I could think they don't understand. The 16 million Americans who want full-time jobs don't just want more handouts to get from week to week. They want work so they can support themselves and be independent and pay taxes instead of spending tax dollars.
The bill I proposed didn't create Democratic jobs or Republican jobs. And it certainly didn't create make-work jobs. It was a bill to create jobs building the fundamentals for long-term economic growth. It funded highway and mass transit constructions. It would have enabled inner-city and rural kids to get off the streets and go to work. It would have permitted hard-pressed communities to rehire as many as 10,000 police officers to enlist them in the fight against street crime. And these investments were paid for by more than 200 real spending cuts contained in the budget that Congress has already passed.
Of course, the best program is one that will help to generate jobs. That's the social program we really need. Think of it: If everybody in America who wanted a job had one, we wouldn't just be a more productive nation; we'd be a freer people, free of many of the problems in our society.
That's why I went the extra mile on this jobs program. I offered a compromise. I offered another compromise that met our opponents more than halfway, and why I still want to work with Congress, both Democrats and Republicans, to pass the details of our economic program and to create jobs.
Look what happened in the Senate. When the economy is looking weak, when the recovery isn't producing jobs, when you, the American people, are asking lawmakers to cut out the gridlock, the opponents of our program filibustered and literally prevented even a vote so that the majority could have worked its will. Well, a lot of those people think they've scored a victory by killing a chance to put nearly a half million Americans to work. I don't think that's much of a victory. I think that's letting the American people down. And I'm going to do my best not to let you down.
I've just been here in Washington a short time. We've made some big strides. Our budget blueprint has been approved by Congress in record time, and that's led to a record reduction in interest rates. As I said earlier, a lot of you have already benefited from that, and that's going to release tens of billions of dollars to invest in this economy.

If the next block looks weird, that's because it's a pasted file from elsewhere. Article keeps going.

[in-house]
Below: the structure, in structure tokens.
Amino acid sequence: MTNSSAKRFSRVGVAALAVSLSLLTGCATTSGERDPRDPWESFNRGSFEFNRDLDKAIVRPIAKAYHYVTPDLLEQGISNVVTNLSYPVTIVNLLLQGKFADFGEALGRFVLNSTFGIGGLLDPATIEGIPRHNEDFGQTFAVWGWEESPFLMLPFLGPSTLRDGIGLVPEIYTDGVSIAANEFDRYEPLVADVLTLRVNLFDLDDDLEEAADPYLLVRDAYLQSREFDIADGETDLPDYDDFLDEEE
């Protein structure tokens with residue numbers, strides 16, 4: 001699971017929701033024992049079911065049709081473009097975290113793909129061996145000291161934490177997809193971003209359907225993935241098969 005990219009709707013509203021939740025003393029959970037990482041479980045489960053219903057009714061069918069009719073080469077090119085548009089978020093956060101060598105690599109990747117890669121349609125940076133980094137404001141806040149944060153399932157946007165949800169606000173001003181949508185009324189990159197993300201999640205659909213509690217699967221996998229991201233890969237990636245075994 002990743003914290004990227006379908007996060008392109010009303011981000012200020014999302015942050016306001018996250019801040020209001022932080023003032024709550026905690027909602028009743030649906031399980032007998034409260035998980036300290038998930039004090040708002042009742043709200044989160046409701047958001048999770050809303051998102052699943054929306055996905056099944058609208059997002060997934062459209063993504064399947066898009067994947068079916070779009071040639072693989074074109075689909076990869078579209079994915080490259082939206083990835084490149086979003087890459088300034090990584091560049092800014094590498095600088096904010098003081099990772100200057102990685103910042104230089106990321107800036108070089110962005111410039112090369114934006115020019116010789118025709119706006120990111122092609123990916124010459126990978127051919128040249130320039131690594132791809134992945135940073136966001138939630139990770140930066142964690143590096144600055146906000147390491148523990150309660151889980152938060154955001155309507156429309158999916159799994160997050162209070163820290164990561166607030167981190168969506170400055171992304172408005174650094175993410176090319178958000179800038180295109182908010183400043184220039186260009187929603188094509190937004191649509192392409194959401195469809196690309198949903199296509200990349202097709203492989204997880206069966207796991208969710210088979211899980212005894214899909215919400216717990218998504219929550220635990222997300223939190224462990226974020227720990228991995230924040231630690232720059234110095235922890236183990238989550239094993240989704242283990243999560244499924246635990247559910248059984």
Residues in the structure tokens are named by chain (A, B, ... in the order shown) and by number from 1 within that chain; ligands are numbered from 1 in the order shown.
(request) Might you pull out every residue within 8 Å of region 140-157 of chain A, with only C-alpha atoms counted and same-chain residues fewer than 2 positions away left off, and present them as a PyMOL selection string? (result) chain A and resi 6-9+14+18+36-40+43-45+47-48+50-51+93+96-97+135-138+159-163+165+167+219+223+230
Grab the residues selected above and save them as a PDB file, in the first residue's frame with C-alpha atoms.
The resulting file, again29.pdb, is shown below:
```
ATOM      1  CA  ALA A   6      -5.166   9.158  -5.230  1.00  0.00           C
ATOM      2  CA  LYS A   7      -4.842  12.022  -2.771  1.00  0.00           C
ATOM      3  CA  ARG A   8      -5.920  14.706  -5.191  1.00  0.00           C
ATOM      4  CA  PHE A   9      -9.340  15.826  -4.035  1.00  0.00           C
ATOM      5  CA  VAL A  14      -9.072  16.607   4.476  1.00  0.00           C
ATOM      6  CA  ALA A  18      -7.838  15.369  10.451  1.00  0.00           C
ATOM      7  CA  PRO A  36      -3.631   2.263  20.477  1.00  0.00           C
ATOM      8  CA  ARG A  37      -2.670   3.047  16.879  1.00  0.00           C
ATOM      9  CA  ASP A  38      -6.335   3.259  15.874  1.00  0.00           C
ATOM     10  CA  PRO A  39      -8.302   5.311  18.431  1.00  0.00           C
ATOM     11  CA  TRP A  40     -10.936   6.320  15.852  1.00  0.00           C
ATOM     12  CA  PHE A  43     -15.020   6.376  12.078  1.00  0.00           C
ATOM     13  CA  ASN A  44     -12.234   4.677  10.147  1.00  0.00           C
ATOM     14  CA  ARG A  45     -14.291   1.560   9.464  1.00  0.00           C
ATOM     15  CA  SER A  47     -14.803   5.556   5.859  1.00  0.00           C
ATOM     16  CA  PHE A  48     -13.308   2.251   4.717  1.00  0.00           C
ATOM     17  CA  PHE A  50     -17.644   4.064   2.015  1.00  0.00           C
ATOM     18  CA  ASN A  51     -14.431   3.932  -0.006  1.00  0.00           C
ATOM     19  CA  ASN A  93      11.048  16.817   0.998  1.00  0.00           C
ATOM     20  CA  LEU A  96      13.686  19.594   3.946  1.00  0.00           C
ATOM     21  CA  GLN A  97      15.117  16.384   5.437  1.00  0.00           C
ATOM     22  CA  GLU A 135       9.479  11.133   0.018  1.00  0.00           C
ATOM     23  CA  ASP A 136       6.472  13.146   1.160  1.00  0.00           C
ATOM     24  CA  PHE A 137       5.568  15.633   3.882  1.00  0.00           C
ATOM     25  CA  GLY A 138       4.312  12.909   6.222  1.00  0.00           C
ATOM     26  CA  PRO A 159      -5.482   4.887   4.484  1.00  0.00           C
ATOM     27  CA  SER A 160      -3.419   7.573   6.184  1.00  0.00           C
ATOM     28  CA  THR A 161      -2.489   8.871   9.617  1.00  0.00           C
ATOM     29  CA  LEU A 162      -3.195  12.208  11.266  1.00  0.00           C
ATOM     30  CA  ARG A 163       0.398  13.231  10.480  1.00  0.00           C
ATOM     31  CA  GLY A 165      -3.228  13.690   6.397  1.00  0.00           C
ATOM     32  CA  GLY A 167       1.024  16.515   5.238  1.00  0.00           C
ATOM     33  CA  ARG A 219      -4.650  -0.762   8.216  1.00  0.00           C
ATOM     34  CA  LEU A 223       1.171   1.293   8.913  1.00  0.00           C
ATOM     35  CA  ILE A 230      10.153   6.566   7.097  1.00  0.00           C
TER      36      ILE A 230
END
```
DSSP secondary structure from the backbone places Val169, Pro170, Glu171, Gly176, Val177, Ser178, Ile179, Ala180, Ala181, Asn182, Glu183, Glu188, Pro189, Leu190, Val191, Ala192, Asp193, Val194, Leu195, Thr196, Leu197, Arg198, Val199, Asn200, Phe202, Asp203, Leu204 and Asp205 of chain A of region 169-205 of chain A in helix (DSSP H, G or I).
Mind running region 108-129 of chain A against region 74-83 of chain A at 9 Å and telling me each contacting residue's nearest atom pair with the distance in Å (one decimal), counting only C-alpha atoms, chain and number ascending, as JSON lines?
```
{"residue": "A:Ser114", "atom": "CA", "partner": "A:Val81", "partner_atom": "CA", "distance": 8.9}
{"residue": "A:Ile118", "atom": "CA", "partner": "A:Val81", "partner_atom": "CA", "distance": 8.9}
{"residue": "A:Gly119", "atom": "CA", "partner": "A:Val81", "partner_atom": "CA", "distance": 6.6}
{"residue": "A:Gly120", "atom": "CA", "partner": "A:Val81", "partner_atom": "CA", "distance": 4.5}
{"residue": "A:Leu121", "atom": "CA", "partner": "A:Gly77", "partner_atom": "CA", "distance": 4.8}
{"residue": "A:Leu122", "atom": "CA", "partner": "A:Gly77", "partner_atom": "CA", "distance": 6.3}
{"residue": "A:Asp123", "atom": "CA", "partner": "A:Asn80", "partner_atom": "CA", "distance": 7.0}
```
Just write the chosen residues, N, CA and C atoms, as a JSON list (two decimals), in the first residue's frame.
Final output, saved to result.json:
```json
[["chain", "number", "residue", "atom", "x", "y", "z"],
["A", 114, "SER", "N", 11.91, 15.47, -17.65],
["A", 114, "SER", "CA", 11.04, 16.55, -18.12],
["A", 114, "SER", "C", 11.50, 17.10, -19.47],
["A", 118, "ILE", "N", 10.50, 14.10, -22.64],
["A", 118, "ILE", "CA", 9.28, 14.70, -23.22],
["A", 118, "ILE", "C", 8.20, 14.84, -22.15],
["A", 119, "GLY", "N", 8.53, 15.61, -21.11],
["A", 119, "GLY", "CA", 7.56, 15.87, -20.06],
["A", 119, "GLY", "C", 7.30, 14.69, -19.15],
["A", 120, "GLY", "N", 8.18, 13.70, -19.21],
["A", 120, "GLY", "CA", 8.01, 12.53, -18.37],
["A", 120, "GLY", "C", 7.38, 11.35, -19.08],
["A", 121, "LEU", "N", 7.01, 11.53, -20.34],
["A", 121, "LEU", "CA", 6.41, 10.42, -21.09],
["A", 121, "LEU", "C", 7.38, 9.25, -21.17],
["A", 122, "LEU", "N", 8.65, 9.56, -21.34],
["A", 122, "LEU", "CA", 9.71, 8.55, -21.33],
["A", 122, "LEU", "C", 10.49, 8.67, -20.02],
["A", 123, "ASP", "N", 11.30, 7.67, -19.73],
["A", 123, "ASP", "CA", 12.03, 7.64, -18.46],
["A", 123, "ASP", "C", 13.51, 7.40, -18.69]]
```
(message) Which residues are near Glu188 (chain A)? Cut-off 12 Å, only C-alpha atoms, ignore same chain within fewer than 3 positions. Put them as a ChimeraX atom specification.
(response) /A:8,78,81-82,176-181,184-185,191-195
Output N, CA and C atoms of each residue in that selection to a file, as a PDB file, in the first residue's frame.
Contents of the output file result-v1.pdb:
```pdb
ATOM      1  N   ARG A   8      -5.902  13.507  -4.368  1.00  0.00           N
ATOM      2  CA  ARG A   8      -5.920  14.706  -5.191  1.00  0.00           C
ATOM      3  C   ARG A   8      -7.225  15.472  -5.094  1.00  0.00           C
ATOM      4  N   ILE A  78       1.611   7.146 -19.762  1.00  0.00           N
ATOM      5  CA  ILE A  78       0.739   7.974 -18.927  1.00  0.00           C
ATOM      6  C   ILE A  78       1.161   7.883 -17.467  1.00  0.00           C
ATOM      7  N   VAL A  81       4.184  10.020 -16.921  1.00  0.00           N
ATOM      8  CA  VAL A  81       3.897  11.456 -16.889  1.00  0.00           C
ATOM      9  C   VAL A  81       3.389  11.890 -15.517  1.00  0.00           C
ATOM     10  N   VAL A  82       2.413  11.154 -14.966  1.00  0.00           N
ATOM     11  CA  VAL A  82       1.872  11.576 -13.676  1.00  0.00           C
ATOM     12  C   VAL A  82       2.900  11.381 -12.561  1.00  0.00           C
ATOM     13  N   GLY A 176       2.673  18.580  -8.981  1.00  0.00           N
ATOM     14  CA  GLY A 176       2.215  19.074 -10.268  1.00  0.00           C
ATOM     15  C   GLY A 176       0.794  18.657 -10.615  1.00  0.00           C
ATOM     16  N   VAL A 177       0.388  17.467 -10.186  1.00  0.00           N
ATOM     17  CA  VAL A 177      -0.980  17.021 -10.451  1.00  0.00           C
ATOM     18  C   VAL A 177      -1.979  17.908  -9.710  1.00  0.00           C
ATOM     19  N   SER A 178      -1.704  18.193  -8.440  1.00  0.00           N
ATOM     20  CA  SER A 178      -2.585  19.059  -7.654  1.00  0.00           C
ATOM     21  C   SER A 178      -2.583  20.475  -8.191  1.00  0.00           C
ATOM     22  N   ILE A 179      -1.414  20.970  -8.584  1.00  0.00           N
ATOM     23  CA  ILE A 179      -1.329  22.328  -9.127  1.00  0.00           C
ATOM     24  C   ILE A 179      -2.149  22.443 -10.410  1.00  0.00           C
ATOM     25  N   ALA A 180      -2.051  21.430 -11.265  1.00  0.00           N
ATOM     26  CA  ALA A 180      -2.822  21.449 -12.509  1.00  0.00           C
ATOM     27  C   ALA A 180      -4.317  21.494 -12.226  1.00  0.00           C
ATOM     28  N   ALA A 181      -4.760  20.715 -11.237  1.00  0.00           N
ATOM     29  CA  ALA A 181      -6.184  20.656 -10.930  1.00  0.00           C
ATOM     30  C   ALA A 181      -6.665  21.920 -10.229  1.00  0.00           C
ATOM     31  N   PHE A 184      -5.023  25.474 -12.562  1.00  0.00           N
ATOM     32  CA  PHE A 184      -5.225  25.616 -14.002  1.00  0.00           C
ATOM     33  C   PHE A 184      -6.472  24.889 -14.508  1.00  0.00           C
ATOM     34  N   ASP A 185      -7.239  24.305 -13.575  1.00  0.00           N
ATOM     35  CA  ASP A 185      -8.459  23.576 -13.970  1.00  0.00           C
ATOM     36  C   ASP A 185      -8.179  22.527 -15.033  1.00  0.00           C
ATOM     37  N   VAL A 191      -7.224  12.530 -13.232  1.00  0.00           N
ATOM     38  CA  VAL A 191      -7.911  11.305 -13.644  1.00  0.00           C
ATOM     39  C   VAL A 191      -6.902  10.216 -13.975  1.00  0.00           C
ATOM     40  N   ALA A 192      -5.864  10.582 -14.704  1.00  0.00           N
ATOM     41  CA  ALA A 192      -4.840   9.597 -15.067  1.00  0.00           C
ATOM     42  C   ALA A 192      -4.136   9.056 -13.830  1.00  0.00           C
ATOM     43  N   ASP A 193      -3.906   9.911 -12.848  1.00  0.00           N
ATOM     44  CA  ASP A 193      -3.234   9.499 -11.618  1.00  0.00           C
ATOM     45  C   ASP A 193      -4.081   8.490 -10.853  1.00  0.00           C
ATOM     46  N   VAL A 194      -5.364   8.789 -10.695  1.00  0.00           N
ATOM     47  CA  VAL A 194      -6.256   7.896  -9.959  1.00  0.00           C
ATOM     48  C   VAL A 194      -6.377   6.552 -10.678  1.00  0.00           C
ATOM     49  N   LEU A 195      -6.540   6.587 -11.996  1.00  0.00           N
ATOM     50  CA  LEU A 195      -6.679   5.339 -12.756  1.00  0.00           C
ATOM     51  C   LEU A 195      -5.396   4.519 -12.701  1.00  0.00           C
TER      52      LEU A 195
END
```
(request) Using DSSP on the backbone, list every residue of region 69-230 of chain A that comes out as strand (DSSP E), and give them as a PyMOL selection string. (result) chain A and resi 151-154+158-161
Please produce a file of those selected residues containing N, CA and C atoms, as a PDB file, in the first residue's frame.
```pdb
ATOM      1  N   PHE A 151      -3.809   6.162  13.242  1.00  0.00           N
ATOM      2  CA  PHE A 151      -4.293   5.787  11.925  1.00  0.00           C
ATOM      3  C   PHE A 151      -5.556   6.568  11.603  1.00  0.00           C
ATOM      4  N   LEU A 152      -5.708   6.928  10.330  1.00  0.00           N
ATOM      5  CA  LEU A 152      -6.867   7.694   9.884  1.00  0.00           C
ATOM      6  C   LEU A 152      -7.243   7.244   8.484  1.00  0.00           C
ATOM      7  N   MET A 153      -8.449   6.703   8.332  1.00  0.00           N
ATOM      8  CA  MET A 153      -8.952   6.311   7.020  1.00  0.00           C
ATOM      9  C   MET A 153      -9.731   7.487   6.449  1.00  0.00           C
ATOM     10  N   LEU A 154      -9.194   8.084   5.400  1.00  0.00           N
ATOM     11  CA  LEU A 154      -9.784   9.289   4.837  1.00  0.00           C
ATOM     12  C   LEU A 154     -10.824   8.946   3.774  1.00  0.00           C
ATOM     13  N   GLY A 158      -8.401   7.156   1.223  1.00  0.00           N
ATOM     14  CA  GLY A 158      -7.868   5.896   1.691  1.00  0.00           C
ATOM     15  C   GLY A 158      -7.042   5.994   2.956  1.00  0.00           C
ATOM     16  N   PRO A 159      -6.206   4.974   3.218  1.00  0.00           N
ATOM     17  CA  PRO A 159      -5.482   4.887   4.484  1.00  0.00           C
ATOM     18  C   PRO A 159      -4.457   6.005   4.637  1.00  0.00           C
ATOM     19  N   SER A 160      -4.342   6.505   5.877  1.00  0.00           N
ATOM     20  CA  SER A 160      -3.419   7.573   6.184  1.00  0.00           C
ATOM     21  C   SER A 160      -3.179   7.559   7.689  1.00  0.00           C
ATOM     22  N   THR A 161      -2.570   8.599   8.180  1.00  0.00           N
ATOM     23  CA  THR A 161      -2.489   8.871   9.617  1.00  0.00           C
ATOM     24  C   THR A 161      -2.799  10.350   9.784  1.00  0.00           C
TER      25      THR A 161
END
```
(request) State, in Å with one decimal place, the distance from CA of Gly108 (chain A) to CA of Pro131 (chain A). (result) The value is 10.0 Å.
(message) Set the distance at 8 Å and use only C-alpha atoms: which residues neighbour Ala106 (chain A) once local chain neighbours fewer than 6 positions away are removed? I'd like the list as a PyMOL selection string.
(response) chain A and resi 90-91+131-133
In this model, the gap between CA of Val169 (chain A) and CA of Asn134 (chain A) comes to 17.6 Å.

We're not going to play business as usual here. We're going to shift the course of this economy from consumption and waste to investment and growth. We're taking on some of the hardest problems facing America, such as changing the health care system to make it work for you and trying to drive special interest out of politics through campaign finance and lobbying reform. We're asking everyone to take more responsibility by reforming welfare so it's a second chance, not a way of life, by making our education system live up to strong national standards, by offering students a chance to go to college in exchange for community service, by forcing Federal Agencies to do more with a lot less of your money.
These are big changes. We all know they won't happen overnight. But we're on our way, thanks to the support you've given us. I want our debate on key issues like creating jobs to rise above politics, to rise above party and up to the level of the American people. Our only agenda should be your needs, the kind of needs you've been telling us about for a long time.
I'm still listening to you. And I'll keep on doing it. But all the people here in Washington are going to have to get on the bus. We can't miss the bus this time. We've got to be out there working for you to make this country what it ought to be.
NOTE: The address was recorded at 7:30 p.m. on April 23 in Room 453 of the Old Executive Office Building for broadcast at 10:06 a.m. on April 24.
William J. Clinton, The President's Radio Address Online by Gerhard Peters and John T. Woolley, The American Presidency Project https://www.presidency.ucsb.edu/node/220046